In the Emergency Department (ED) deciding who does and who does not need antibiotics can be difficult. There is no quick test that an Emergency doctor can perform that accurately tells them who needs antibiotics or what type of antibiotic to prescribe. Our study aims to find out how many patients are given antibiotics in the ED and what proportion of those antibiotics are not required or have been given incorrectly (incorrect type or dose). Our study also aims to identify factors that are associated with poor antibiotic choices, including doctor experience and time of antibiotic prescription.
The results of this study will allow us to: (1) accurately estimate the proportion of ED patients who receive antibiotics; (2) determine if there is problem with when and how ED in a busy Australian ED give antibiotics; and (3) help to identify possible reasons why a wrong antibiotic choice is made.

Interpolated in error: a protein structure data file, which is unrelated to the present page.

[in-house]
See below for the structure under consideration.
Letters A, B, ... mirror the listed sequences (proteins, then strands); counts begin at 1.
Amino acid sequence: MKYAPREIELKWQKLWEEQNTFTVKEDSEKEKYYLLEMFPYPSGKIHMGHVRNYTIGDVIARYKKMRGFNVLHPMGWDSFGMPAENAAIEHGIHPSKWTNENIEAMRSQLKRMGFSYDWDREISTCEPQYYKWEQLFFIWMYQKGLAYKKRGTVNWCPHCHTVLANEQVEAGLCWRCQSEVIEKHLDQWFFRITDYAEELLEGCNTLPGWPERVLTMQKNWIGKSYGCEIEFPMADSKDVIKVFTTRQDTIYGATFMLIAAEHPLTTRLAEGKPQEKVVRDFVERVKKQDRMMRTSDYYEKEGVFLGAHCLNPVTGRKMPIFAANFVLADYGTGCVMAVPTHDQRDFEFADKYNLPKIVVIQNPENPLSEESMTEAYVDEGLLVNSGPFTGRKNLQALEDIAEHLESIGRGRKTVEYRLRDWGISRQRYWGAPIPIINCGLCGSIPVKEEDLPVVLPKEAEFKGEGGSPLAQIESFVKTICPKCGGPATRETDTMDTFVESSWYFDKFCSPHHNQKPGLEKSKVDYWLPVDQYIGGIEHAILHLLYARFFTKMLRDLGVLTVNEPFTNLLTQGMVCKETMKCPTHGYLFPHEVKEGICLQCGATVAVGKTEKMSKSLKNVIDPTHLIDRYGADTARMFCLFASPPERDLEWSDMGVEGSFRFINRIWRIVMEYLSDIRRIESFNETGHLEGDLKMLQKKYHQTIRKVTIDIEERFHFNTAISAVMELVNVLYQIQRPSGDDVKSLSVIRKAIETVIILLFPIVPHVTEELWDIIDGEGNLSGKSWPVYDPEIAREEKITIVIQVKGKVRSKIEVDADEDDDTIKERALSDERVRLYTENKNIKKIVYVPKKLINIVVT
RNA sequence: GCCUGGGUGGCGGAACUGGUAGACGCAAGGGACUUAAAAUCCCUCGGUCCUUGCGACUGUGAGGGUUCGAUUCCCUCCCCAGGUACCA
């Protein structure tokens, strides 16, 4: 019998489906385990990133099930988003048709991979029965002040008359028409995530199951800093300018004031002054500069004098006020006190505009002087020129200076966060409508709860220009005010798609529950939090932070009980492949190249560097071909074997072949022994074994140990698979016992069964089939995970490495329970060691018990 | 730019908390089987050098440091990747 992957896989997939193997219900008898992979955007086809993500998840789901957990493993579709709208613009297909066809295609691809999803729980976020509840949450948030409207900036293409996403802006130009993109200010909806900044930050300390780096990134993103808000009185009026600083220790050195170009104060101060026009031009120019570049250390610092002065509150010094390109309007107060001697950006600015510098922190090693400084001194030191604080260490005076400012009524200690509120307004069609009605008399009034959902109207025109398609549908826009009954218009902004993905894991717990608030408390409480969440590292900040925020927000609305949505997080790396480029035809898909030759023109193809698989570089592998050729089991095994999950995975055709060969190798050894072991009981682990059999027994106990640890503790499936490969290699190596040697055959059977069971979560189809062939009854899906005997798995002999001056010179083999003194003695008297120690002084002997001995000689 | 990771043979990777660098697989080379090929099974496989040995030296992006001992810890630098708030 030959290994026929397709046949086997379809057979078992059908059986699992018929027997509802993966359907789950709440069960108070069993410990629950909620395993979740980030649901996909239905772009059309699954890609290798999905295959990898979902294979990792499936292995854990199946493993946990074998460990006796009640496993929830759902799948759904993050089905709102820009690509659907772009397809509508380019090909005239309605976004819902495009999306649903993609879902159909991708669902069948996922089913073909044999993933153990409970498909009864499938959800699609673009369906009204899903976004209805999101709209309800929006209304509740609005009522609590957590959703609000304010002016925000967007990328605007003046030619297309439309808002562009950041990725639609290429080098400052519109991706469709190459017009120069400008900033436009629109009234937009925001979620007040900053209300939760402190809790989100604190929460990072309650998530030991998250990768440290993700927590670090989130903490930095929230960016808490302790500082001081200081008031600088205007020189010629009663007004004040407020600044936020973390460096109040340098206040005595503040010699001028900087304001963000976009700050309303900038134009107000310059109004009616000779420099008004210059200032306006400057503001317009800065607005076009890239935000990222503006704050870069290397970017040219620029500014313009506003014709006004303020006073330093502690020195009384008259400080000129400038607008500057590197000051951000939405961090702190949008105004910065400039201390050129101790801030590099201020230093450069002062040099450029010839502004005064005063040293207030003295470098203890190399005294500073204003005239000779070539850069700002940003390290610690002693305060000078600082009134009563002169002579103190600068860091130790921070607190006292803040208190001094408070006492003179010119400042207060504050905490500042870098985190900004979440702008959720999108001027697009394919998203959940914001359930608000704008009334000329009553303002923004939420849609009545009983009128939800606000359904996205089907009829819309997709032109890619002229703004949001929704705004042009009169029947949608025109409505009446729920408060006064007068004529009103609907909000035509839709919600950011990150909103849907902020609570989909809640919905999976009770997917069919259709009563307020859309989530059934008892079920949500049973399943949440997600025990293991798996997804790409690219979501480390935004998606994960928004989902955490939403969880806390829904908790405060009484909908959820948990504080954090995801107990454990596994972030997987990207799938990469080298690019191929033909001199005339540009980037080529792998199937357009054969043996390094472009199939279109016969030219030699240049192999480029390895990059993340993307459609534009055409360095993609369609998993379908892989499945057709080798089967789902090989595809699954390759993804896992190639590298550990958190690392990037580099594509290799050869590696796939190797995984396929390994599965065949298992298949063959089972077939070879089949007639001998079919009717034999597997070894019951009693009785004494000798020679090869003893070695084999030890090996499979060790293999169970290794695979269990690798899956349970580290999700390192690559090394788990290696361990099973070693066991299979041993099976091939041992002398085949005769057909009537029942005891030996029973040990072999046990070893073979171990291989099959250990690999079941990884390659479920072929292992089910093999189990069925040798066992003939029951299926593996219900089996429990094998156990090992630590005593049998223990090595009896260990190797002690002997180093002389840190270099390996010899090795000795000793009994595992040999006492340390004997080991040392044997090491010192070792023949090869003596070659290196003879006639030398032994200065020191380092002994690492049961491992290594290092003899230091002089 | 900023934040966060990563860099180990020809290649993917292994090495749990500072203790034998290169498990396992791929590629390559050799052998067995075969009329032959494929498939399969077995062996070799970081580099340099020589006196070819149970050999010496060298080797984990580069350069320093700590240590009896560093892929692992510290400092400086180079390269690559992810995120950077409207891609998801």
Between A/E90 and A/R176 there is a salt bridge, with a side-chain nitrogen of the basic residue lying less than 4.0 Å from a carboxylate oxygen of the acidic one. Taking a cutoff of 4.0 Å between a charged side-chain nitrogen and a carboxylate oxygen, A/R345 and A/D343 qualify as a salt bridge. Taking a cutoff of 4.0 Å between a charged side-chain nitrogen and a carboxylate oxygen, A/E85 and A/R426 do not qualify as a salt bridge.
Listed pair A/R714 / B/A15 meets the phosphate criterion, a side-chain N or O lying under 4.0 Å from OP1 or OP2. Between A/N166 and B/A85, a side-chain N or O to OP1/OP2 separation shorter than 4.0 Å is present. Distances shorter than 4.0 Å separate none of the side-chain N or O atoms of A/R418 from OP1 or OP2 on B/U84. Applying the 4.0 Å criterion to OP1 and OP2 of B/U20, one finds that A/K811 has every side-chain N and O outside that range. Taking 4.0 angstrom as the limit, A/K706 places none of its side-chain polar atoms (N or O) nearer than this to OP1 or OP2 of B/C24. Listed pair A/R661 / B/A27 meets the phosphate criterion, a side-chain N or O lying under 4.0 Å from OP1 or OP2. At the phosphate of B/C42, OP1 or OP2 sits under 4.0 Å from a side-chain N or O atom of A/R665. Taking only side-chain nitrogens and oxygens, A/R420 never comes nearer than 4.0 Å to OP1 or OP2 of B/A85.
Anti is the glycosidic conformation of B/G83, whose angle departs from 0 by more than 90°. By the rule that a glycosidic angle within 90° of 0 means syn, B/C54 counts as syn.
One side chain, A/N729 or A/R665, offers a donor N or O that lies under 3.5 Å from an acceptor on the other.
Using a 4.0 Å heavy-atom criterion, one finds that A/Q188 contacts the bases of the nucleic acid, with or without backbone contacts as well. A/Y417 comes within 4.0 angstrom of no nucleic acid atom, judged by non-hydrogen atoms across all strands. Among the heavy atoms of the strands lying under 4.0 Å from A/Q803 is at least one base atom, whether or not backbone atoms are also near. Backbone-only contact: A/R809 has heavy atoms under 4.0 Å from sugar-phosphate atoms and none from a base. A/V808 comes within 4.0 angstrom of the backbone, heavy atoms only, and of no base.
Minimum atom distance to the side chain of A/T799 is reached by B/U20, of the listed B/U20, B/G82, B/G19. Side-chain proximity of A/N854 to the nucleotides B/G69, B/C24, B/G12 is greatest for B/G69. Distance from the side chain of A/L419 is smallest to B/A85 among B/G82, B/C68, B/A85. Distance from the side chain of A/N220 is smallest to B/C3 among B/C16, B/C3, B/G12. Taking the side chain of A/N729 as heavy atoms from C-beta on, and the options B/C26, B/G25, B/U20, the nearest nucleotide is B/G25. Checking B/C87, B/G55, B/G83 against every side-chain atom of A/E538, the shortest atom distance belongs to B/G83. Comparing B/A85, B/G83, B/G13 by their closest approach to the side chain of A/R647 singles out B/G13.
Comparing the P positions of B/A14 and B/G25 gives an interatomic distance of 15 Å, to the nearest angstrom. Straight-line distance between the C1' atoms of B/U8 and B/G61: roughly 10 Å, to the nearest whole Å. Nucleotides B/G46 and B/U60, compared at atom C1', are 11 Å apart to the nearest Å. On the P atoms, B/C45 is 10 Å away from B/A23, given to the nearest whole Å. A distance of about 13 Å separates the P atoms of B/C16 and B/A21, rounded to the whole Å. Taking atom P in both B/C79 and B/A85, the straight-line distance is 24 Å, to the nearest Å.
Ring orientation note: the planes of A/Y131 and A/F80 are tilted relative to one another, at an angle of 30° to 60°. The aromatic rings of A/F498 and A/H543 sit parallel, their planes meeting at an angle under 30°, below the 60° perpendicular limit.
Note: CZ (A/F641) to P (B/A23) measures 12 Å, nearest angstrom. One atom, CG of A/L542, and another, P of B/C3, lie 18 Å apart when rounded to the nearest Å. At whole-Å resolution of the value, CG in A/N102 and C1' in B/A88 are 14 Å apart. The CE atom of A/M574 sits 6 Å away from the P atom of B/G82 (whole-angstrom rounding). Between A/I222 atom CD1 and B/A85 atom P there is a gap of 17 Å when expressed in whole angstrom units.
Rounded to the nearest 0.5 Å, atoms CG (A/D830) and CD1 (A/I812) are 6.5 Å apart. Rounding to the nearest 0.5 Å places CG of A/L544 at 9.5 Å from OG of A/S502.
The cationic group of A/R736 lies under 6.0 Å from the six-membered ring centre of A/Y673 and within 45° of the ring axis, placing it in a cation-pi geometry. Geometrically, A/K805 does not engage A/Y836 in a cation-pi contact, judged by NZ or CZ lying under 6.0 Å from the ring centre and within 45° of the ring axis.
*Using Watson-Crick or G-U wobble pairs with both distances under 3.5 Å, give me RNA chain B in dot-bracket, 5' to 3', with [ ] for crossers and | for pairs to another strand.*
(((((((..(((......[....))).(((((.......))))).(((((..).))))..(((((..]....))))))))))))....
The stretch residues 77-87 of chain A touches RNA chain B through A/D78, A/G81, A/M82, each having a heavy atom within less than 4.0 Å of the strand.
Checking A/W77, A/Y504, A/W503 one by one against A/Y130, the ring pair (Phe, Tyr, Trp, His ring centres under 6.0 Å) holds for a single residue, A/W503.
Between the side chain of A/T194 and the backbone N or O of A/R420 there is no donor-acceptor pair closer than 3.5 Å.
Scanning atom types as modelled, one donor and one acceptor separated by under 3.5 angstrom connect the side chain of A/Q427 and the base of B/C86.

- Queensland Health Junior Research Fellowship: $250,000
- Denny K.J., Dartside J.G., Alcorn K., Cross J.W., Maloney S., Keijzers G., "Appropriateness of antibiotic prescribing in the Emergency Department", 'Journal of Antimicrobial Chemotherapy', 15 November 2018; dky447. doi: 10.1093/jac/dky447
- Denny KJ (2018), "How I became an antibiotic resistance fighter", AMAQ Junior Doctor Research Conference (Invited speaker) Brisbane June 2018
- Gartside J, Gunter A, Keijzers G, Alcorn K, Cross J, Maloney S, Hughes I, and Denny KJ (2017), "Antimicrobial prescribing in a tertiary-level Emergency Department", Gold Coast Health Research Week Conference (Poster presentation), Gold Coast 2017
Trainee Grant Scheme
Dr Kerina Denny
Professor Gerben Keijzers
Dr Kylie Alcorn
Dr Samuel Maloney
Dr Ian Hughes
Mr Jack Cross